(Jacq.) Schott, Oesterr. Bot. Z.15:33.1865
Terrestrial, occasionally more than 1 m tall, glabrous; caudex tuberous, the leaves and peduncles arising from the ground. Petioles thick and succulent, the lower part broadly vaginate-winged; petioles and parts of leaf rachis with characteristic textured pattern of maroon and white but predominantly maroon; blades reniform in outline, deeply dissected, the central lobe to 30 cm long and 7 cm wide; rachis branching, curving to both sides; leaflets 5-18, thin, sessile and diminishing markedly in size toward either end, oblong or lanceolate, acuminate, cuneate at base; veins prominent, the collecting vein within 5 mm of margin. Peduncles 40 cm long or more, textured like petiole and rachis; spathe to 19 cm long, enveloping spadix, the blade white or greenish at anthesis, soon withering, the tube green, persisting, broad in fruit; spadix white, to 17 cm long, with a broad short stipe, the staminate part ca 10 cm long, the sterile staminate part constricted apically, much broadened basally, the pistillate part ca 2.5 cm long. Fruits not seen. Croat 10892, 11483.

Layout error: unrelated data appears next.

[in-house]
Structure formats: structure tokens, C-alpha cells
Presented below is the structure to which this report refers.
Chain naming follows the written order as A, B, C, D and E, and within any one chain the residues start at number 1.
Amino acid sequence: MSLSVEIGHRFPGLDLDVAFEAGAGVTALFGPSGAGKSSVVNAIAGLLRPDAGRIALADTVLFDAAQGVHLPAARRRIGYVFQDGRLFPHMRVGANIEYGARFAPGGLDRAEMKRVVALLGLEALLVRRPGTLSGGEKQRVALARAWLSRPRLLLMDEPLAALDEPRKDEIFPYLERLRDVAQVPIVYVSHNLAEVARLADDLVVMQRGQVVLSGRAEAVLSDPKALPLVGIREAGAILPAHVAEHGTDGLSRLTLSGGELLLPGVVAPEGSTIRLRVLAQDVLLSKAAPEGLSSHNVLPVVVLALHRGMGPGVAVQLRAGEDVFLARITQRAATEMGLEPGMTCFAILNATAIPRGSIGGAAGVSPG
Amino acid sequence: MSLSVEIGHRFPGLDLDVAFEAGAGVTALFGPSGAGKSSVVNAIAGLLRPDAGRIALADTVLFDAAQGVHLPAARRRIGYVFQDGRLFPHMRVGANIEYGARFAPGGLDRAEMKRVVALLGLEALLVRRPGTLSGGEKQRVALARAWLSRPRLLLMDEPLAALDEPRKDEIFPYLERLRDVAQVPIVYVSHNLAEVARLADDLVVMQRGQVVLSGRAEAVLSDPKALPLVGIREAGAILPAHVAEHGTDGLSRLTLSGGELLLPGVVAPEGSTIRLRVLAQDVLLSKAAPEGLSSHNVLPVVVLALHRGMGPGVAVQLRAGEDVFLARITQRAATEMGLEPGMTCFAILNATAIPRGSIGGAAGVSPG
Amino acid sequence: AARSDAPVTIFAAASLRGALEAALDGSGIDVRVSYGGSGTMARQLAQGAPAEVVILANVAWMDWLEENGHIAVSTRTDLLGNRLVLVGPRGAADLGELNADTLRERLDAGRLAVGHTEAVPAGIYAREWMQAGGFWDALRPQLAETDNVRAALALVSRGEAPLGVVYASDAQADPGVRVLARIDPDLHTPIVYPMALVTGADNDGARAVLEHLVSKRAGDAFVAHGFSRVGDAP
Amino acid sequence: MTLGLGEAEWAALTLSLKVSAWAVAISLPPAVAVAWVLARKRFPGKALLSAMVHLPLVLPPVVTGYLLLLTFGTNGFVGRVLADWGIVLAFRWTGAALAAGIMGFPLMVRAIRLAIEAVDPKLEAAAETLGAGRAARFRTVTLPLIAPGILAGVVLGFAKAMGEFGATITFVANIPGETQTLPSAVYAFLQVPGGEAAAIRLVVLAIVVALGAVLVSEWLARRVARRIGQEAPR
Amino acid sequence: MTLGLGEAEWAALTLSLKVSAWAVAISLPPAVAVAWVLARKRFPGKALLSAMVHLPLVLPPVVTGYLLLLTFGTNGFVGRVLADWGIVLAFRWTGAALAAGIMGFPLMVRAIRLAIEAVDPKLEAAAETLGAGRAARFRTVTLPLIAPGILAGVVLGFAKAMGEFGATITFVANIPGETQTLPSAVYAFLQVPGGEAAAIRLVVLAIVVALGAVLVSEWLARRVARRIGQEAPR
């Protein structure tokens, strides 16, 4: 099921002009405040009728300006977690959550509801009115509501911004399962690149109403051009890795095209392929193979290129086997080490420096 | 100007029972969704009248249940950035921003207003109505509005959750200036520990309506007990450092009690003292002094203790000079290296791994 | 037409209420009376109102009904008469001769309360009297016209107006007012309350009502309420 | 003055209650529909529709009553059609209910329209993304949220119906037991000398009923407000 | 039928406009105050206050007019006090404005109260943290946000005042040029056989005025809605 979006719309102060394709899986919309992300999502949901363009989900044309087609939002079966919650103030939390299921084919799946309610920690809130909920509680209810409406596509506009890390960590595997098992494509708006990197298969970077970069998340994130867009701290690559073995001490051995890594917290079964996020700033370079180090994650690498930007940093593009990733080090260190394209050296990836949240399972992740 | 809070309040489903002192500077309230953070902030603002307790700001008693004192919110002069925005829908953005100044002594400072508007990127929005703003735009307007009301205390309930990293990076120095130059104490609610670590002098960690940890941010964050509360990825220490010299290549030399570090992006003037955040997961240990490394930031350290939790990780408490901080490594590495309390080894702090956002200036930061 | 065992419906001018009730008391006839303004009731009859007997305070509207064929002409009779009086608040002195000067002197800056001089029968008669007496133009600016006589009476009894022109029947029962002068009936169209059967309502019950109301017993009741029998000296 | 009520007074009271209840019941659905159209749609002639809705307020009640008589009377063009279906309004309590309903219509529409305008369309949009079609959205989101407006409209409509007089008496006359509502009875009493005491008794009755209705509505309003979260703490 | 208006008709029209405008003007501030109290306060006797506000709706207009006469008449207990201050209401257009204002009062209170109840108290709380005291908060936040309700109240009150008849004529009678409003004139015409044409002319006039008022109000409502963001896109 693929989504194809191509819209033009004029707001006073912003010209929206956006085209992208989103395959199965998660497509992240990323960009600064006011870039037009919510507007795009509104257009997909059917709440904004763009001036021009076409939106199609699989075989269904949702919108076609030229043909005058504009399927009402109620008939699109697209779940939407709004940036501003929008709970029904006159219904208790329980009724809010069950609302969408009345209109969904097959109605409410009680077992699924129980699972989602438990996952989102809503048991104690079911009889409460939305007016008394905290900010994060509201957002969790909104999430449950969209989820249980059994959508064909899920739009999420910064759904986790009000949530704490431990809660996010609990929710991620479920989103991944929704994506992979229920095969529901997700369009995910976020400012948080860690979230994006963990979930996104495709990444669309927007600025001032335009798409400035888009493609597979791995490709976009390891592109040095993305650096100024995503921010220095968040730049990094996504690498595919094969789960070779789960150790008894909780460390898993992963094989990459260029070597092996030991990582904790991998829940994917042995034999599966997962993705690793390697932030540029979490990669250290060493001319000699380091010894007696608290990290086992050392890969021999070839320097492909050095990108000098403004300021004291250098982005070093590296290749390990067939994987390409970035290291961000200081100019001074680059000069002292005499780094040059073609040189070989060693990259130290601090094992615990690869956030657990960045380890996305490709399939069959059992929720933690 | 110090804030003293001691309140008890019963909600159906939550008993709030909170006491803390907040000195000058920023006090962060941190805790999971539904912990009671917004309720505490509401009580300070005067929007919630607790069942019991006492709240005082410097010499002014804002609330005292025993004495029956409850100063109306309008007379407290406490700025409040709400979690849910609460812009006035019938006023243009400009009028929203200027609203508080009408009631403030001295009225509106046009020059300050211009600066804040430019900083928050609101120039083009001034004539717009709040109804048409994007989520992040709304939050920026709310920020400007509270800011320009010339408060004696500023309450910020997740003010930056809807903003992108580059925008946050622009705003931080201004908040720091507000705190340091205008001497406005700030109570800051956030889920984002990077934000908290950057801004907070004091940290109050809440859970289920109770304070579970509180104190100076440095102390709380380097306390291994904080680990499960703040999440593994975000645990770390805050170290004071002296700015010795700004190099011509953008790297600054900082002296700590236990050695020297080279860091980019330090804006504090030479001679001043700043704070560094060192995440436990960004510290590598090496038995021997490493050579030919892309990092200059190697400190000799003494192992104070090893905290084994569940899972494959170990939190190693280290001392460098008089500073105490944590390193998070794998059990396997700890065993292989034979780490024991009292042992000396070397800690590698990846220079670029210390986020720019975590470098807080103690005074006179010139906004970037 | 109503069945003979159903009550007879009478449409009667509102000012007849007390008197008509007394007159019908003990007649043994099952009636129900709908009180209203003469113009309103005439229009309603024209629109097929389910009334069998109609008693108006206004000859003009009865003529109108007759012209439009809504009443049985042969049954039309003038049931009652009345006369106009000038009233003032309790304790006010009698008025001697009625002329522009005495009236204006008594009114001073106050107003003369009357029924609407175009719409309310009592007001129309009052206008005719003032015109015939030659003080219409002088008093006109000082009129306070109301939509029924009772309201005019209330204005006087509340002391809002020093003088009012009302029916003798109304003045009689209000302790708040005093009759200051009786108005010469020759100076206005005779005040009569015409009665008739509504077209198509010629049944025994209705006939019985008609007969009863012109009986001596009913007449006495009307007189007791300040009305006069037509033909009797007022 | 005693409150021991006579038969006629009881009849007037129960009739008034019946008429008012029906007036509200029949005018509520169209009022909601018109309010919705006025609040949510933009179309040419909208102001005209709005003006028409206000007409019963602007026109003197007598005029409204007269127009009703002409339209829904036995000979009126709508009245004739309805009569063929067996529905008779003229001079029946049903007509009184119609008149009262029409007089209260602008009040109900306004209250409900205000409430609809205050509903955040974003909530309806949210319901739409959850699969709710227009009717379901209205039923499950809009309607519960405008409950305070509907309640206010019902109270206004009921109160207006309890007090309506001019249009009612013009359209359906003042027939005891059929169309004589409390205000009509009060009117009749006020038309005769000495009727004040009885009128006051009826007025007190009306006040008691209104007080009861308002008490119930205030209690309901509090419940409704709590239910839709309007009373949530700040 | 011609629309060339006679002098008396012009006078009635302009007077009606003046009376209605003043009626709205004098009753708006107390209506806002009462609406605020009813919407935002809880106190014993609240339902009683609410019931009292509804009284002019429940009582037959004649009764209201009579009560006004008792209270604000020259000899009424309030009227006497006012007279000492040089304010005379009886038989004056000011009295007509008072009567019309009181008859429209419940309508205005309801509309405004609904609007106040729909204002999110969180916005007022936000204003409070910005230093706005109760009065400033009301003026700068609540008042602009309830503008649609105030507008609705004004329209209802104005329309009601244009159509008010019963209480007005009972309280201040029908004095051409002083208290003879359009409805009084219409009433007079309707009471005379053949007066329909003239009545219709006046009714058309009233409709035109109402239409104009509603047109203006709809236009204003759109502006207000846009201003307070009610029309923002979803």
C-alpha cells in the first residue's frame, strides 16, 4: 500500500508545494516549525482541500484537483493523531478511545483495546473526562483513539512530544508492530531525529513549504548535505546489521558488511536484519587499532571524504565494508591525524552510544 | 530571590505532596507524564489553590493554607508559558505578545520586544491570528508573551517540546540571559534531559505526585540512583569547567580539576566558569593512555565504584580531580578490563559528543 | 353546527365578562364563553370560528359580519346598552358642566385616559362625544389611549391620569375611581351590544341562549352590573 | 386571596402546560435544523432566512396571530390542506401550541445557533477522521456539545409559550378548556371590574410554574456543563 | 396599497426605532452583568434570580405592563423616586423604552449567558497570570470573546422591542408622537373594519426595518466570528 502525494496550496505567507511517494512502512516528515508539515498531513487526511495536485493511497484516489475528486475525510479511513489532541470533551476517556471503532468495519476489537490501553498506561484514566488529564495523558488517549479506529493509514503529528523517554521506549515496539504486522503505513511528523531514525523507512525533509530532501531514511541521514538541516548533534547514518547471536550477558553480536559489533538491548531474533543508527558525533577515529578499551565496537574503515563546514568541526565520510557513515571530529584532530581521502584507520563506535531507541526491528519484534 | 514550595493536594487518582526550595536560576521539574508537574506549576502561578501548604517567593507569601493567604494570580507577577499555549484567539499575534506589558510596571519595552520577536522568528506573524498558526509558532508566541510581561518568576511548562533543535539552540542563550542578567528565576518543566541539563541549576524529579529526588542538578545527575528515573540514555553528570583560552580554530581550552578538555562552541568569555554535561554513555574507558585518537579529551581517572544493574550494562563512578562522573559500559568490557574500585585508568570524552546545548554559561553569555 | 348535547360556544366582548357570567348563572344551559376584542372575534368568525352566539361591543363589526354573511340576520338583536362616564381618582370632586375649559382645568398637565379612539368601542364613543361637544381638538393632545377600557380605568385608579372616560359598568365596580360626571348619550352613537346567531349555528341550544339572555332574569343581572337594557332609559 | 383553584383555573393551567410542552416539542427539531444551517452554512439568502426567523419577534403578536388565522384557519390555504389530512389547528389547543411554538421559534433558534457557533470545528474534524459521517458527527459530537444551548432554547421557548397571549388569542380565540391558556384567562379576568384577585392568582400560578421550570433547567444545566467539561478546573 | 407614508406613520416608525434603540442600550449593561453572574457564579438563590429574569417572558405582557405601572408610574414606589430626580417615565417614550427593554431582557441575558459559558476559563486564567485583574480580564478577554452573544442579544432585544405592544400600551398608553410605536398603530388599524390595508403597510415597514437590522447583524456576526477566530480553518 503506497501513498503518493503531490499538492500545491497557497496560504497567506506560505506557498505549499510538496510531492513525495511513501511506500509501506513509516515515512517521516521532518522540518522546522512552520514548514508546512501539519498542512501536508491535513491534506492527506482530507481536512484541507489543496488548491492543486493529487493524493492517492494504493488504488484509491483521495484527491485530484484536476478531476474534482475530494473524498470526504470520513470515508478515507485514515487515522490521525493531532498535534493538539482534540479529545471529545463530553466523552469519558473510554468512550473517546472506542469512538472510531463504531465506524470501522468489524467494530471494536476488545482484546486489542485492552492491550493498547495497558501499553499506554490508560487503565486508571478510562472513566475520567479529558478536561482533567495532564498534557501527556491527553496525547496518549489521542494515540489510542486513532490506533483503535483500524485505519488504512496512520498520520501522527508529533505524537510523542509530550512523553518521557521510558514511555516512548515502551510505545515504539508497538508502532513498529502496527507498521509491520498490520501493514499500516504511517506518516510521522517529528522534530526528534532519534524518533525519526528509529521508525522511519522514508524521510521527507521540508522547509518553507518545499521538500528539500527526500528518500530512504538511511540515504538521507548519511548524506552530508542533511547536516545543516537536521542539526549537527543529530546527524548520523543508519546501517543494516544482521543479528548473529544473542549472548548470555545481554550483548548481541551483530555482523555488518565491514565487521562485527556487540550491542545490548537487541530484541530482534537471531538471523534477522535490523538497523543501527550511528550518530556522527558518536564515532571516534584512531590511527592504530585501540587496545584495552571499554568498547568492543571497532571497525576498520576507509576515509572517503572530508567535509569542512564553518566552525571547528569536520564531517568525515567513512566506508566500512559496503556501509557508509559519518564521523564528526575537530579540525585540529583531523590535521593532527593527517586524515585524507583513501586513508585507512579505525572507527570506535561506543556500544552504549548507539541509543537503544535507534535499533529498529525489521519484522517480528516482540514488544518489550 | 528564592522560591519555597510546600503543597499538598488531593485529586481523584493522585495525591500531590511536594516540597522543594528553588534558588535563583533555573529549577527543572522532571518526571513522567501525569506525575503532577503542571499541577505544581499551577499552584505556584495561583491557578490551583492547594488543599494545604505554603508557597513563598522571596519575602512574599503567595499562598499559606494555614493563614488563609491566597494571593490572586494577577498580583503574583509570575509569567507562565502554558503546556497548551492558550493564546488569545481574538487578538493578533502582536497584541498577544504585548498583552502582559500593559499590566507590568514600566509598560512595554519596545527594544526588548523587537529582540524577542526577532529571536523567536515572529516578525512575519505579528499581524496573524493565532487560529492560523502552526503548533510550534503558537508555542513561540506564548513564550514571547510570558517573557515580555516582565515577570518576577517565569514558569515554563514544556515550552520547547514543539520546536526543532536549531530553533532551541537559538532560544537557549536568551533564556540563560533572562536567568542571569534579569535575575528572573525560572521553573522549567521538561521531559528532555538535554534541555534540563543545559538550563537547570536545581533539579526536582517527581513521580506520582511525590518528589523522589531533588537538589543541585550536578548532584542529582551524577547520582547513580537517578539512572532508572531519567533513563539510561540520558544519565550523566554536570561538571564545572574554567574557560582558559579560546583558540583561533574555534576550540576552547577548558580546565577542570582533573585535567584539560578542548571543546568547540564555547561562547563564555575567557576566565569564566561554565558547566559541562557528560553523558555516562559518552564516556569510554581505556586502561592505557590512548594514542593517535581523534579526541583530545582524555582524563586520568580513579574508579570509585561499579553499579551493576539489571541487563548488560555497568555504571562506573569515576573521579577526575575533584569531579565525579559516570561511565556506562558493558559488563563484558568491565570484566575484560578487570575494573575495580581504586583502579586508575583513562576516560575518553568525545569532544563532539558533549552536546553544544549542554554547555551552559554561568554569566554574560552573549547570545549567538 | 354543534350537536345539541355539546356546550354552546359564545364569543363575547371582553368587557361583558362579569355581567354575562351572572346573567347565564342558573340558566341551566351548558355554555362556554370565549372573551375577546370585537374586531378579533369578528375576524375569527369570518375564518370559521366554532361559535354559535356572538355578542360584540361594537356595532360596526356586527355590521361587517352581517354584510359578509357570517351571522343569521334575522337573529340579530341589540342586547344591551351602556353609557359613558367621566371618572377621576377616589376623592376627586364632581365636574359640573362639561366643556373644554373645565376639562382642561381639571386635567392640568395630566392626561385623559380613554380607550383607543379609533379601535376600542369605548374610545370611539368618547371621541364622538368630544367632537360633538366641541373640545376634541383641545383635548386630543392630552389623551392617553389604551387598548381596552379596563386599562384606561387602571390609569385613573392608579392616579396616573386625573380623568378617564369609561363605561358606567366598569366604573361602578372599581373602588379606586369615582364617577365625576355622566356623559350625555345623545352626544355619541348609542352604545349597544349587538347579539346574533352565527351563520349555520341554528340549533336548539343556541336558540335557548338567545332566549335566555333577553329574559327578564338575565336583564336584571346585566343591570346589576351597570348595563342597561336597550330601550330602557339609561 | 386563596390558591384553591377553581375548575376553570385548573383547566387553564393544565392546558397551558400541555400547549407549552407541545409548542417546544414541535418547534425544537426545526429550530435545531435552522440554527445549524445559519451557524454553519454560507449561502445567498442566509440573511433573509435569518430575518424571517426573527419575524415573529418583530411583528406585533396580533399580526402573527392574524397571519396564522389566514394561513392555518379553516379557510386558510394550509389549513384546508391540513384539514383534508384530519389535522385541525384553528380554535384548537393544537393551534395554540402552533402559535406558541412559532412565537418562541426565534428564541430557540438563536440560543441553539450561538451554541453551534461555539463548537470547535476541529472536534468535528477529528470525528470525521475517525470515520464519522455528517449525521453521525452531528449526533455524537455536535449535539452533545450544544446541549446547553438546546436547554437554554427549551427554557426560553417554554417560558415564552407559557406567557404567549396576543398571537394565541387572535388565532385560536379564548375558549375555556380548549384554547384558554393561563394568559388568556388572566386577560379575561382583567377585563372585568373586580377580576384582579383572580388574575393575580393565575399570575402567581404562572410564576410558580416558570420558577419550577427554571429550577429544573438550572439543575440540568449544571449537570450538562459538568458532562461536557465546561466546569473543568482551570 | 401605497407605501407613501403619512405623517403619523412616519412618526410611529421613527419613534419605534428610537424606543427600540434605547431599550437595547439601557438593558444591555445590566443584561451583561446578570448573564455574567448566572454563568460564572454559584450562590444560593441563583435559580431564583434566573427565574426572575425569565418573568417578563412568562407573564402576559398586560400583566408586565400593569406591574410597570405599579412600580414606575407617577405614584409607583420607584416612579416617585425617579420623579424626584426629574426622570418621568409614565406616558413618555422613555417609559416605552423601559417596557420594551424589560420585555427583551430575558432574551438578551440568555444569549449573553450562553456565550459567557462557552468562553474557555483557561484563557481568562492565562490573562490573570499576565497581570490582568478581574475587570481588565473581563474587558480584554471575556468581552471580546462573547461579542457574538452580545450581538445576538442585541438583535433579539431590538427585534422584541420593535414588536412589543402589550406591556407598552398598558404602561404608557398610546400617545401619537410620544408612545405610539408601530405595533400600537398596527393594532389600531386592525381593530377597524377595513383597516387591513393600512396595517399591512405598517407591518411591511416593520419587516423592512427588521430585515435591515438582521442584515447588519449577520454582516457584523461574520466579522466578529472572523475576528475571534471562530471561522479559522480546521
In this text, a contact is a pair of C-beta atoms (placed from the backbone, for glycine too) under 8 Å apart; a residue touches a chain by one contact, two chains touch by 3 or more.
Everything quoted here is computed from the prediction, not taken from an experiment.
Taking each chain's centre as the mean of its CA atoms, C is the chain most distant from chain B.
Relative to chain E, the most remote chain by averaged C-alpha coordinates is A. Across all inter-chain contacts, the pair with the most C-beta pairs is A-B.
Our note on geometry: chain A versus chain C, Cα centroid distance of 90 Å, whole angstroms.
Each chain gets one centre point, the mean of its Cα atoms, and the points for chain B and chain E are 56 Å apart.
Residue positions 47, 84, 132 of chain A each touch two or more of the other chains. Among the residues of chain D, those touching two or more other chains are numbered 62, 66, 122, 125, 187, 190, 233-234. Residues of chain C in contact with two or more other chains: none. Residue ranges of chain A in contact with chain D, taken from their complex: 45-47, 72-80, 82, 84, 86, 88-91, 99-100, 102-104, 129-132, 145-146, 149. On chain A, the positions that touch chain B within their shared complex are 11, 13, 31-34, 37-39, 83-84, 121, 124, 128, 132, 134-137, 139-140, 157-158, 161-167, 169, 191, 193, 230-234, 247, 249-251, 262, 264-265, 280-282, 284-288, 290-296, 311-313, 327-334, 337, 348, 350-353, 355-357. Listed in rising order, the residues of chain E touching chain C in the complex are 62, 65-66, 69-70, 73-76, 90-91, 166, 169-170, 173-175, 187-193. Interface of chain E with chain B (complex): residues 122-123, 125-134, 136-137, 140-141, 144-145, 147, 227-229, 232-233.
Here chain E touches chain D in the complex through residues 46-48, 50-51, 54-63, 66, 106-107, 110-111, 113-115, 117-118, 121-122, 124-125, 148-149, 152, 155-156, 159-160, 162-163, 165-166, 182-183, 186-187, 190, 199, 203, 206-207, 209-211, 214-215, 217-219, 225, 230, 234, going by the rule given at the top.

A common species of clearings and very open trails in the forest. The plant dies back after the beginning of the dry season and reappears shortly after the rains begin, flowering mostly from May to September, with inflorescences repeatedly produced. The fruits develop within about 1 month.
El Salvador to the Guianas and Amazonian Peru; the Antilles. In Panama, known from tropical moist forest in the Canal Zone and in San Blas and Panama and from premontane wet forest in Coclé (El Valle).
See Fig. 126.